So communities where people know each other are better but, oh my gosh, don't be polite and get to know your local patrol officer?
At least here in my part of California, we do not have "local patrol officers." There is no community service program where citizens can get to know CHP, local PD/Sheriff or vice versa. There are no beat cops that we can engage in some benign conversation or relay a concern. Any communication with the local PD is only through email (or 911 for emergencies.) Their offices are closed to the public. I understand that CHP patrol officers are supposed to live many, many miles away from their office. This could be for personal and family safety, and I get that.
When we moved into our home 24 years ago, the gentleman across the street was a very high ranking CHP officer--two stars on his collar. When he and his wife welcomed us to the neighborhood, they refused entry to our home for a soft drink or some munchies. His parting words to us were, "Again, welcome to the neighborhood, but do not ever talk to me about the CHP on any matter whatsoever, or ask us to any social event." When I relayed his message to our other neighbors, they all said the same thing.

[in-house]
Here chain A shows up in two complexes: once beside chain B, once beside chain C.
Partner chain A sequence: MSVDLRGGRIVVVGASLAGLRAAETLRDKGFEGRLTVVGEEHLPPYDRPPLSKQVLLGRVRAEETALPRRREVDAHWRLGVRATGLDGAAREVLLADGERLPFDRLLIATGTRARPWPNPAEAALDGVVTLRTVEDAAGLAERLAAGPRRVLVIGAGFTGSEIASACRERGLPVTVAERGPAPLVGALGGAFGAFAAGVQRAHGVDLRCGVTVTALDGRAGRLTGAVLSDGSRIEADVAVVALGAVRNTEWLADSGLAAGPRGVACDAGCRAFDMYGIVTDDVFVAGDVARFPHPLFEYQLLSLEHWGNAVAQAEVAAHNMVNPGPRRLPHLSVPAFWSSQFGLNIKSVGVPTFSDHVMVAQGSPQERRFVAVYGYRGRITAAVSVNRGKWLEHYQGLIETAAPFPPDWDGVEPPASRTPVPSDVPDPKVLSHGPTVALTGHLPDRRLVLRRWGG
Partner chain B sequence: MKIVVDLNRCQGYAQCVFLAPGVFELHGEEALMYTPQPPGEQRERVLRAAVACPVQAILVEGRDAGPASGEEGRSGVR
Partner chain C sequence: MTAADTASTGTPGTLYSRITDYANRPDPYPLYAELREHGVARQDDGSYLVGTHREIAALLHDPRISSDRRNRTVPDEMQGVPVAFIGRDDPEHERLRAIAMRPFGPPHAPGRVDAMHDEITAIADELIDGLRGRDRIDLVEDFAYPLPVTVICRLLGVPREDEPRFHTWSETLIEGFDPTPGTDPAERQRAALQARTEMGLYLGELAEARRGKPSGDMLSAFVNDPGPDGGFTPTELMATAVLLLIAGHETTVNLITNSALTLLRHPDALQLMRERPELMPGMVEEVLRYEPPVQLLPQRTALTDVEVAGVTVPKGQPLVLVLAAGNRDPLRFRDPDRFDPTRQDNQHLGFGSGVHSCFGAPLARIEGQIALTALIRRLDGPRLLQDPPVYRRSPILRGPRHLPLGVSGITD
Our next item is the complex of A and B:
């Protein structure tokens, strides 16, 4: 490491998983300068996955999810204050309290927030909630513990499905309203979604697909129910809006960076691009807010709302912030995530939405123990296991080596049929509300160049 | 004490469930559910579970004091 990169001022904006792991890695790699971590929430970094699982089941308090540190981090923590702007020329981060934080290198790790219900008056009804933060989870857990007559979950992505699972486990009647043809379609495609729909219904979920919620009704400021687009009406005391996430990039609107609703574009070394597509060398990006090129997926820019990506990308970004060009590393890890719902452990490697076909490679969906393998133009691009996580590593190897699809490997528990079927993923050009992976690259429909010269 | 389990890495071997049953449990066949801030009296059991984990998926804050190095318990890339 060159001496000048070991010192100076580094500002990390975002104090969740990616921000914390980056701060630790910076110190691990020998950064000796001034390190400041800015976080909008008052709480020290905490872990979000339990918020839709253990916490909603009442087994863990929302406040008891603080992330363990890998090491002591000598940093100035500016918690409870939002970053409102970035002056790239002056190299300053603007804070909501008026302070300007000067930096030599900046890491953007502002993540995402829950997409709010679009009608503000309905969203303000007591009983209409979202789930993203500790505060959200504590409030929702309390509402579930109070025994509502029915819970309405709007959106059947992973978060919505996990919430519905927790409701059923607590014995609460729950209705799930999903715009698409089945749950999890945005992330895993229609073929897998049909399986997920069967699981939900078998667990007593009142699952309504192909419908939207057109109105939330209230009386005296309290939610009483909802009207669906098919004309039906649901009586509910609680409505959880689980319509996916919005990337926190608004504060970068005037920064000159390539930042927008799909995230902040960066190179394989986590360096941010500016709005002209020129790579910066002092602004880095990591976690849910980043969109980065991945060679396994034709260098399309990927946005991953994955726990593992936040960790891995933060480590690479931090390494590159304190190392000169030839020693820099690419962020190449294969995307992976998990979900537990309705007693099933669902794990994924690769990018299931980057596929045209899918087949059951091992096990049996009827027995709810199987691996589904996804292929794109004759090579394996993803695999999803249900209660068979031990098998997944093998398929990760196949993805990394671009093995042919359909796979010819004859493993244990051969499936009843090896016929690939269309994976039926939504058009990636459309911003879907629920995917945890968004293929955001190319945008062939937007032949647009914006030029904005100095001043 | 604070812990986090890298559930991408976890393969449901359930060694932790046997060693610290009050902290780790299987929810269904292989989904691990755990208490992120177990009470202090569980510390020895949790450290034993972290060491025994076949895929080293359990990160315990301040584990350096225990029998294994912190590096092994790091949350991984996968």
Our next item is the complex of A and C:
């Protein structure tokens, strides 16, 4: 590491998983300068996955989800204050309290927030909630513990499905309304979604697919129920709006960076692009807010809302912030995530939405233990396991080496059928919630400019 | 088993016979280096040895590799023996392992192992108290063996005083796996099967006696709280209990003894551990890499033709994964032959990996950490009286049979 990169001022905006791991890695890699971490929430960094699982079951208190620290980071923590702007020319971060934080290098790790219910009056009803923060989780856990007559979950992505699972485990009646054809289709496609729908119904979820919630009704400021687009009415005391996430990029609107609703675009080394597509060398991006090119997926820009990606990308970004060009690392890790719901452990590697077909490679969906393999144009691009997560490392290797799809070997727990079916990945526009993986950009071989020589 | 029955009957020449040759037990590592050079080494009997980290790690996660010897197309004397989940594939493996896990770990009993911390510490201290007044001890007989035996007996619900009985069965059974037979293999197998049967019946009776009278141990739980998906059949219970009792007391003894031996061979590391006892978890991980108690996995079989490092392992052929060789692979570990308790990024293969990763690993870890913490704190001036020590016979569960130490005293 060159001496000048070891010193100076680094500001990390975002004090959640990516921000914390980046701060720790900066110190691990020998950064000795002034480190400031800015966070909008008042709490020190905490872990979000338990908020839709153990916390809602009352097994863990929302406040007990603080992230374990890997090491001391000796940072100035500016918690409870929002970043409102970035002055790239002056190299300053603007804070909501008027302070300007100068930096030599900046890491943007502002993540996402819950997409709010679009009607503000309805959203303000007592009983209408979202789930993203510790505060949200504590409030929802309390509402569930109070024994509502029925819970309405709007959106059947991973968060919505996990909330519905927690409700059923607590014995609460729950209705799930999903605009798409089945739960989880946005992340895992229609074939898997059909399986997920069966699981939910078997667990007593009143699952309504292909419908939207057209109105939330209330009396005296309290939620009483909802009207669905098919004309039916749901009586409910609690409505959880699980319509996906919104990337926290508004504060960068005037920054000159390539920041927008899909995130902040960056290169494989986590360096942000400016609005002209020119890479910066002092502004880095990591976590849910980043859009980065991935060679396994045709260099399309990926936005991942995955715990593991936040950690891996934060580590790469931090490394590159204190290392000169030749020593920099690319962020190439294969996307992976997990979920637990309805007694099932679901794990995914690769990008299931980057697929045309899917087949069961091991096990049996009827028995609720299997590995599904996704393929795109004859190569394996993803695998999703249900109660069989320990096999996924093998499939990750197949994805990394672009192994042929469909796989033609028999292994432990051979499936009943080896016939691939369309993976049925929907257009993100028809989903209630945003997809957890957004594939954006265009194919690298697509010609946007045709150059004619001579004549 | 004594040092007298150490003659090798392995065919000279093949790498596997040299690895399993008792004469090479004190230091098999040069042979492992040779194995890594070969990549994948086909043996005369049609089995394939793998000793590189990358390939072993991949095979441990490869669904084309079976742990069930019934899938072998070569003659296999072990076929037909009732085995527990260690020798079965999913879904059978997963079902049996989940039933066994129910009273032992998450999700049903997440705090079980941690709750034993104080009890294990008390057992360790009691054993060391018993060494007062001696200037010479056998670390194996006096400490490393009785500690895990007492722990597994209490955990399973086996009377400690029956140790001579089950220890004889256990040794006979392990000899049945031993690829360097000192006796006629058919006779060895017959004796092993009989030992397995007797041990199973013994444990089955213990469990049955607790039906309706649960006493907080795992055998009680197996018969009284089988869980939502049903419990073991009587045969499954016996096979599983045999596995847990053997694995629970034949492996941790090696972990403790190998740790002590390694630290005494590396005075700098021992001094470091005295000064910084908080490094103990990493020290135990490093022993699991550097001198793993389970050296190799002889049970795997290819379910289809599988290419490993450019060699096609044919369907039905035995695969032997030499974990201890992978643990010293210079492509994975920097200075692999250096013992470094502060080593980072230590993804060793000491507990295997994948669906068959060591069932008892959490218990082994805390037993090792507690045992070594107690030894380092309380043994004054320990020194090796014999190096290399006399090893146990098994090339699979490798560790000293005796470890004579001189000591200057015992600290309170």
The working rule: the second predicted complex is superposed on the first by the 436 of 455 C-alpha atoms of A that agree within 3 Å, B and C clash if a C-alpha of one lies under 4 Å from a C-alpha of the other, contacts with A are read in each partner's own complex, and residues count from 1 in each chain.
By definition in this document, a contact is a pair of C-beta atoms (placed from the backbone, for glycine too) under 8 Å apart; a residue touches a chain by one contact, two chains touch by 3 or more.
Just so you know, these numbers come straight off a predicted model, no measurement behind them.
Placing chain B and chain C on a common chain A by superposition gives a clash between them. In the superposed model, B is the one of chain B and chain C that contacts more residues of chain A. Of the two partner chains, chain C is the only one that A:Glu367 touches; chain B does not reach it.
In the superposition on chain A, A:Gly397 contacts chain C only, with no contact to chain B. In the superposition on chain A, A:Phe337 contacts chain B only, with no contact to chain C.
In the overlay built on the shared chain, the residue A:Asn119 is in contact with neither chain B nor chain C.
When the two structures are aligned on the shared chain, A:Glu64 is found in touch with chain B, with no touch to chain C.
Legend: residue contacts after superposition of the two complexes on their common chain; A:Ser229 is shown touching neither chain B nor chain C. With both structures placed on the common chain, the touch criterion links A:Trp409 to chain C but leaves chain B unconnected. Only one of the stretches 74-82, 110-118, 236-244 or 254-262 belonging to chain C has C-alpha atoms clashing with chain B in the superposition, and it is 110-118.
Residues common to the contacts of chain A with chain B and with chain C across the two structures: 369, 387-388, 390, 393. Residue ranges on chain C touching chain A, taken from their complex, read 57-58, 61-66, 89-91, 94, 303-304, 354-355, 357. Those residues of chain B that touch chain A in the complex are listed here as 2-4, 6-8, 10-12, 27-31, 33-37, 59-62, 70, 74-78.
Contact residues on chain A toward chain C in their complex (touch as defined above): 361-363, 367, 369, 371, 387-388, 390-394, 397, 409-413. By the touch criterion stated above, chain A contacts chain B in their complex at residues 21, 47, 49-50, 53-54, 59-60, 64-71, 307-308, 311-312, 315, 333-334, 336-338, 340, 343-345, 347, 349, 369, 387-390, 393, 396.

This sort of isolation from "society" only serves to make police departments more insular. So, NigelM, we tried to get to know our neighbor, the Division Commander. It was he who refused any sort of hospitality and assumed that all of us here in the 'hood were unsavory types who would compromise his job and ask him to commit a misdemeanor by fixing our next CHP-issued traffic citation. Our only CHP traffic citation was in 1981--so 33+years and counting.